I will never forget the first time I had the privilege of watching Leopards mating here on Londolozi. It was a first for me in my Guiding career and in my life. It was June 2013, where the Marthly Male and the Tutlwa female engaged in their fascinating business of mating. A bout that lasts several days, whereby the male and female remain together and mate on many occasions each hour, it is recorded that leopards can mate up to 100 times per day. So whilst spending time with these two Leopards on this particular day, we witnessed the rare act in broad daylight. The most amazing thing about this story though, is the fact that from this exact mating bout, the Tutlwa female fell pregnant and is now raising a litter she conceived on that day many months ago.
For interest sakes and some background information on the Tutlwa female, here is some further information:
Date of Birth: March 2006
Mother: Vomba 3:2 female
Father: Camp Pan 4:3 Male
August 2010 – 1 cub, deceased
May/June 2011 – 2 cubs, 1 male, 1 female, both currently independent
January 2013 – 2 cubs, both lost in the floods of 2013 in the Manyelethi
September 2013 – 2 cubs, 1 male, 1 female, currently still dependent.
So this is some amazing news for us as a Ranging and Tracking team as well as for future and current guests. There has been much discussion as to whether these cubs would be relaxed around vehicles or not, as both of her previous successfully raised cubs are very nervous of vehicles. These 2 in mention, the May/June 2011 litter were raised in the Sand River in front of the camps and subsequently spent little to no time with vehicles at all growing up, and only brief glimpses of these cubs were experienced. The current litter being raised by this female had the same initial routine. Born somewhere in the river, spent 3 months without being seen, a few quick glimpses and relatively nervous Leopards as a result. The stats have not looked great for us, until yesterday. Ranger Talley Smith and tracker Freddy Ngobeni spent some time in the north in search of this little family, and got lucky in finding them on an Impala kill, in the clearing directly in front of Varty Camp. This meant there were these 2 little cubs, in an open clearing, feeding under a small thicket. A perfect opportunity to see how these cubs behave around vehicles.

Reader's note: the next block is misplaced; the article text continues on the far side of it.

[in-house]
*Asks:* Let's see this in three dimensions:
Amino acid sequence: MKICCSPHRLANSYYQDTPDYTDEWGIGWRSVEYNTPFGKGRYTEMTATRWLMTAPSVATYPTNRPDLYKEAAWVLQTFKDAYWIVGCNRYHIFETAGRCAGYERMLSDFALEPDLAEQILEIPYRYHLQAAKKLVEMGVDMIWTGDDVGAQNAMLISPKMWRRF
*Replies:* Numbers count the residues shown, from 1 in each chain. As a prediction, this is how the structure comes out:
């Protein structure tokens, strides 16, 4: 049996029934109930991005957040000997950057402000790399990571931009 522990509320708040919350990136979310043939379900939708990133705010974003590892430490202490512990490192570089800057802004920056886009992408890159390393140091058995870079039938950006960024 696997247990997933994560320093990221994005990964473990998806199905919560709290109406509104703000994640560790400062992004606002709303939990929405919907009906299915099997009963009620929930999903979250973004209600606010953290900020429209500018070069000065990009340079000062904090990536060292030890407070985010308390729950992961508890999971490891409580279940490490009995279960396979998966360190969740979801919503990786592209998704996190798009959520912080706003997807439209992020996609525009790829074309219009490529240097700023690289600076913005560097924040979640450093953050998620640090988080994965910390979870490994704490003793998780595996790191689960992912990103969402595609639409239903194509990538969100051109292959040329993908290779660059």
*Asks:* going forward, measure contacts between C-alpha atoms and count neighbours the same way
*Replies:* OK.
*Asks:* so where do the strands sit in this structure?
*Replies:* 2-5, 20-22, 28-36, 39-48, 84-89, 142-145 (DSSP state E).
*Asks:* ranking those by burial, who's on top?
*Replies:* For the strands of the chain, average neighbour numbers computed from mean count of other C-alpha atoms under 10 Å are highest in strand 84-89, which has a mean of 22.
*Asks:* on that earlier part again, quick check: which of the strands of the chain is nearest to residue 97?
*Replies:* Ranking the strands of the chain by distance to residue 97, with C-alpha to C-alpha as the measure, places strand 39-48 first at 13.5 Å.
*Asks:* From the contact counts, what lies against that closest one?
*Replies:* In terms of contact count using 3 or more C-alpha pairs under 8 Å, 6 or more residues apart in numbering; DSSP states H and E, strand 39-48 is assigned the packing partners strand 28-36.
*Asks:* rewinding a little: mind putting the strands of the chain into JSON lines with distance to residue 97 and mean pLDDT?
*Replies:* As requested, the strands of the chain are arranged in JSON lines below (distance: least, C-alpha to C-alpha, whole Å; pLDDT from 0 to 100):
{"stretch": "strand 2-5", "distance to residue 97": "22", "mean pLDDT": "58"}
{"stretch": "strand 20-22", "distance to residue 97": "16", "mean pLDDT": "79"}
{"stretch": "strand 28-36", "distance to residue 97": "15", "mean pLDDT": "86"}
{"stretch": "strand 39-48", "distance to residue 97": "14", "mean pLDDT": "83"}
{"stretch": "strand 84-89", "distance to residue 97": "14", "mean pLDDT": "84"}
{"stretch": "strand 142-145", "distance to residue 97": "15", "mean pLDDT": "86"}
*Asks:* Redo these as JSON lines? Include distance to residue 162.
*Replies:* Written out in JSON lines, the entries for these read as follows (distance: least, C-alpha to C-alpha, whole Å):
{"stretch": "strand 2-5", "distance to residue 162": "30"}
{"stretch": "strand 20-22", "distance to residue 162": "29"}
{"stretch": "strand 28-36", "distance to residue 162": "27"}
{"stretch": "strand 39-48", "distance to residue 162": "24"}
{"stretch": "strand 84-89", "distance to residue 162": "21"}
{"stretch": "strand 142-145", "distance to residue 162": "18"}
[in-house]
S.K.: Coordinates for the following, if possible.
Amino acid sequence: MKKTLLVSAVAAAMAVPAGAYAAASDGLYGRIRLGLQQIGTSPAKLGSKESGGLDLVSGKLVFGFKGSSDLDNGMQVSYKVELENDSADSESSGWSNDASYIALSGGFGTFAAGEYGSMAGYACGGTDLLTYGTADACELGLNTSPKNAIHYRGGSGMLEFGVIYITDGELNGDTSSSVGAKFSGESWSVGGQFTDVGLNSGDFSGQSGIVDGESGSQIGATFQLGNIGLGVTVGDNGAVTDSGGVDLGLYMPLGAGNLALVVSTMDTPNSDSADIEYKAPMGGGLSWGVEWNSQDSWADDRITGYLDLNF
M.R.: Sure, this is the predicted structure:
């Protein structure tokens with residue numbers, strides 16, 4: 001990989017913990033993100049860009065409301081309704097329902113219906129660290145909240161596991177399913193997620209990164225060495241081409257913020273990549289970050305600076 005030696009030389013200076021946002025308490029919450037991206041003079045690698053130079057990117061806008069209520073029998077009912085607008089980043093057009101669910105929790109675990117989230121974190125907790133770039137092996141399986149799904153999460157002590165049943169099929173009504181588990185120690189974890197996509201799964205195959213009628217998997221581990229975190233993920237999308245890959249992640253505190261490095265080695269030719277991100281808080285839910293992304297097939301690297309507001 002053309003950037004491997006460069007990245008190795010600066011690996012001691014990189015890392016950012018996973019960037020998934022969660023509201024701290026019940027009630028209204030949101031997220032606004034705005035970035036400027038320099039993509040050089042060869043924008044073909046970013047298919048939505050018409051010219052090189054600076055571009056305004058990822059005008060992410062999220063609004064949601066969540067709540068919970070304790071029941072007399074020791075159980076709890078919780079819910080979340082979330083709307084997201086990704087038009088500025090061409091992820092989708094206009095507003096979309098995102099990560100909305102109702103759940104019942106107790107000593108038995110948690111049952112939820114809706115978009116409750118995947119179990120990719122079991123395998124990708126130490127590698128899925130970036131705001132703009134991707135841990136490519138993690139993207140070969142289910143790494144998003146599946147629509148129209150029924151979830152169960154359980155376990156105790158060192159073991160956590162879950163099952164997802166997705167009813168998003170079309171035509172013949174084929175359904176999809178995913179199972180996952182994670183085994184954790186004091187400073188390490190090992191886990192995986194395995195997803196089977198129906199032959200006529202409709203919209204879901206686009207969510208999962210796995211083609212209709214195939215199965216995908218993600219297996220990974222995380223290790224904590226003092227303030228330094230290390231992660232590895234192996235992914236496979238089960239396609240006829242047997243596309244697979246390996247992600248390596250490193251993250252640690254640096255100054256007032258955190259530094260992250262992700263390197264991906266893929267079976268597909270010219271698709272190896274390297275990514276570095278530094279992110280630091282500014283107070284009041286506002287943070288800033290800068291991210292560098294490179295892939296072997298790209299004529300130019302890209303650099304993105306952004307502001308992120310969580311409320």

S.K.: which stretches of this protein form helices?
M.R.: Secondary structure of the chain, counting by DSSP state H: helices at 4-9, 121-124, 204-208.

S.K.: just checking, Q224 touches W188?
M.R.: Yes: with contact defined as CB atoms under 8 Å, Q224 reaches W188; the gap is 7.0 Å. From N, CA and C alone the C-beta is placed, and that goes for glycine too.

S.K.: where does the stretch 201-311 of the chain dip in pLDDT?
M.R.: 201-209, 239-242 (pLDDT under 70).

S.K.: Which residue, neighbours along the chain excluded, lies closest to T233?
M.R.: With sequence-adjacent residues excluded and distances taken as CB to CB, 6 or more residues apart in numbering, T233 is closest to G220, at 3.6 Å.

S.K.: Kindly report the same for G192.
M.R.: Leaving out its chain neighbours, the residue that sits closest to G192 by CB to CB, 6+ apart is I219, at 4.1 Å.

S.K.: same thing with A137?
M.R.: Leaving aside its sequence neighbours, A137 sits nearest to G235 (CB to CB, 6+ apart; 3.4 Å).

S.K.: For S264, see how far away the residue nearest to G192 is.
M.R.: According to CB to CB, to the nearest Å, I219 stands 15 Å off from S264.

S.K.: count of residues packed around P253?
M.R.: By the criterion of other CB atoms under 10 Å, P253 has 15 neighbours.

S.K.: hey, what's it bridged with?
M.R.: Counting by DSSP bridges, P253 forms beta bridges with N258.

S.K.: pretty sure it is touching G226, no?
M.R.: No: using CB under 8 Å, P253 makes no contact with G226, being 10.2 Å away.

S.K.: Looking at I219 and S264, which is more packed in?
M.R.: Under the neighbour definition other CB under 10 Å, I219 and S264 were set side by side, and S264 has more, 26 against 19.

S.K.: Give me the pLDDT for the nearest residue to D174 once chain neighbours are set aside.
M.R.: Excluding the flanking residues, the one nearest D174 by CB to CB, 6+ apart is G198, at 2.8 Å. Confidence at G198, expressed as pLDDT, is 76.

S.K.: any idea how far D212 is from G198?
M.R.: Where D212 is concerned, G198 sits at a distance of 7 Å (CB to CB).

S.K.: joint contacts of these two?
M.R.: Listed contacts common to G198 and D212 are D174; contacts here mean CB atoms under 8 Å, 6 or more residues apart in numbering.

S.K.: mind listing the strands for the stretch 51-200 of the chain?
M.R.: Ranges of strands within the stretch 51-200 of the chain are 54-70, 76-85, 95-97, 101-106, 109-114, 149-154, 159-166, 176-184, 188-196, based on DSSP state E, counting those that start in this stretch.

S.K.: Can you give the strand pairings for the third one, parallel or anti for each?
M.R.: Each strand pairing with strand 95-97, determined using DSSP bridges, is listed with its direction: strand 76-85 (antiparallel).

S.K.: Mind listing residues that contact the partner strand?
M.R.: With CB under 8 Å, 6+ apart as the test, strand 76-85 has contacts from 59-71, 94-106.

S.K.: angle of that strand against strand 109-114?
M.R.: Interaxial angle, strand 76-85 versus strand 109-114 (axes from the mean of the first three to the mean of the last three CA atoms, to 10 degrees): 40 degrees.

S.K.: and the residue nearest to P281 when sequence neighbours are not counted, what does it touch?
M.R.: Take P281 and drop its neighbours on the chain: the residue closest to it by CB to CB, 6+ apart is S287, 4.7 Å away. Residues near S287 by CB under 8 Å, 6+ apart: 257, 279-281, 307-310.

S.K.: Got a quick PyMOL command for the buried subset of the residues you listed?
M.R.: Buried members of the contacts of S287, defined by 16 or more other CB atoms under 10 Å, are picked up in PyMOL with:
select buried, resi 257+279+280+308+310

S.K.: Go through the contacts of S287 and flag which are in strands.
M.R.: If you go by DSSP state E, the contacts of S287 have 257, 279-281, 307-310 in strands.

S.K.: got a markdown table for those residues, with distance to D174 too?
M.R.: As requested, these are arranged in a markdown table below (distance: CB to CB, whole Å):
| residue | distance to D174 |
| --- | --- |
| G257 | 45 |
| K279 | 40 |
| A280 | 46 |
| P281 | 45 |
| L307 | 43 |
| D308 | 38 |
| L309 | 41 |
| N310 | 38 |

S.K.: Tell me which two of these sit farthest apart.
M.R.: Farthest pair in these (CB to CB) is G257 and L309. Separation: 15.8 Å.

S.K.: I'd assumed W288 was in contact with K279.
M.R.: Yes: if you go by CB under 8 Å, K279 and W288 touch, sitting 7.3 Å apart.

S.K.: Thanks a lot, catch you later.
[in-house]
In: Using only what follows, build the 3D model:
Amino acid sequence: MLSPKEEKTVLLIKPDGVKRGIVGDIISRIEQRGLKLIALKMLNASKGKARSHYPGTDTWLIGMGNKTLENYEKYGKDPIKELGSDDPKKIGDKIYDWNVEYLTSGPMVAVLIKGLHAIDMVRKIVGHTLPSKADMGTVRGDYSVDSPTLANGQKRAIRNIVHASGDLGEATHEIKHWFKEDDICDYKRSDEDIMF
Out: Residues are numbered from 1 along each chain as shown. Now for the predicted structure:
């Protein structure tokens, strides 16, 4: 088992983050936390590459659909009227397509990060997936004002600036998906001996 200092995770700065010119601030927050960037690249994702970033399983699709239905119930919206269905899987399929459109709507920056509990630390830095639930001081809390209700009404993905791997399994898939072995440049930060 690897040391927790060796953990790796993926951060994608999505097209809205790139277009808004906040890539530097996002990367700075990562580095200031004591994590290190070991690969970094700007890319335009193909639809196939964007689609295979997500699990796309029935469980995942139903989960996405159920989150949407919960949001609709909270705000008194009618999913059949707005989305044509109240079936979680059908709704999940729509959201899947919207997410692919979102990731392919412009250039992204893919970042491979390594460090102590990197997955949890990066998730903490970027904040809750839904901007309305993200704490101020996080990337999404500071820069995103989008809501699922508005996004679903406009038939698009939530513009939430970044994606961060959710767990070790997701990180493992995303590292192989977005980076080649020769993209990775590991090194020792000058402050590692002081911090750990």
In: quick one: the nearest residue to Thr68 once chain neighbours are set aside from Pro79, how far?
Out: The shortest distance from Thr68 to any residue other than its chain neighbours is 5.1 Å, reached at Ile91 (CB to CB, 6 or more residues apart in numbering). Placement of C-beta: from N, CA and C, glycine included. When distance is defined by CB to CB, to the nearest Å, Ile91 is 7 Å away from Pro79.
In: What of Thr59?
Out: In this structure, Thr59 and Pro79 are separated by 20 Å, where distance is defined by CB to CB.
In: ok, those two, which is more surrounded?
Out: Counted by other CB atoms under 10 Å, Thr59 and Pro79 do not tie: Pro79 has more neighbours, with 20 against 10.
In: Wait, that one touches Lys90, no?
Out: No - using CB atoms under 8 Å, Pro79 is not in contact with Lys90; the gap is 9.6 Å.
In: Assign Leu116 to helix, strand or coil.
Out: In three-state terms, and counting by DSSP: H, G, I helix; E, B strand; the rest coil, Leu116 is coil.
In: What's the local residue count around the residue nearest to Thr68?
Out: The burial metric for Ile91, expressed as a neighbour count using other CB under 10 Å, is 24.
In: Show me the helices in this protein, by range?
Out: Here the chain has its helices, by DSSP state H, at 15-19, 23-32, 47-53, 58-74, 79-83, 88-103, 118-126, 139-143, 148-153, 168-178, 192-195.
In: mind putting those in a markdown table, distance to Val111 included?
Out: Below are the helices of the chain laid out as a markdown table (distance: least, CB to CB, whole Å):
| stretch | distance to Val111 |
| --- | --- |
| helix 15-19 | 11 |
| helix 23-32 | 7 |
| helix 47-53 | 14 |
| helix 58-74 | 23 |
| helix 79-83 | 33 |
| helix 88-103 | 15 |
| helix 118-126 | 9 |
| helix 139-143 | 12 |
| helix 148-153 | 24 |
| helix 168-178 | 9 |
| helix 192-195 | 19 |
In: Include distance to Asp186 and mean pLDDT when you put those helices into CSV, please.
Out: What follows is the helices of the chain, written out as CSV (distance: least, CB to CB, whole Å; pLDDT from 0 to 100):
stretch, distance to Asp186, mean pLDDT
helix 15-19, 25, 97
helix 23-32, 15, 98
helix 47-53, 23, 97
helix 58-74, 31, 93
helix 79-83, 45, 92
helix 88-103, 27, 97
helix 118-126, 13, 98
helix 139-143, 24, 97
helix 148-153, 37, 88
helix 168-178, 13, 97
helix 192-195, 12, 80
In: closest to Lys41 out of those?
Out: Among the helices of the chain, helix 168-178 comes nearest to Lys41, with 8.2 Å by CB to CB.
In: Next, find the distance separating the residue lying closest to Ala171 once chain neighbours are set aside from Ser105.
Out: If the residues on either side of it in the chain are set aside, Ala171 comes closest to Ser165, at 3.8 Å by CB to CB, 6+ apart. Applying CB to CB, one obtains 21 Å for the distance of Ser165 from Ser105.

The results were amazing, and we were able to put 5 vehicles through the sighting yesterday, and each vehicle managed a view of the cubs. Currently they are not the most photogenic cubs around, as they are still nervous, but amazing to see how much more relaxed they have become. A slow process of habituation is underway, but the more time we spend with them the better. We look forward to some great sighting in the future.
Below are photographs of each cub and their spot patterns as we have seen so far.
Written and Photographed by: Mike Sutherland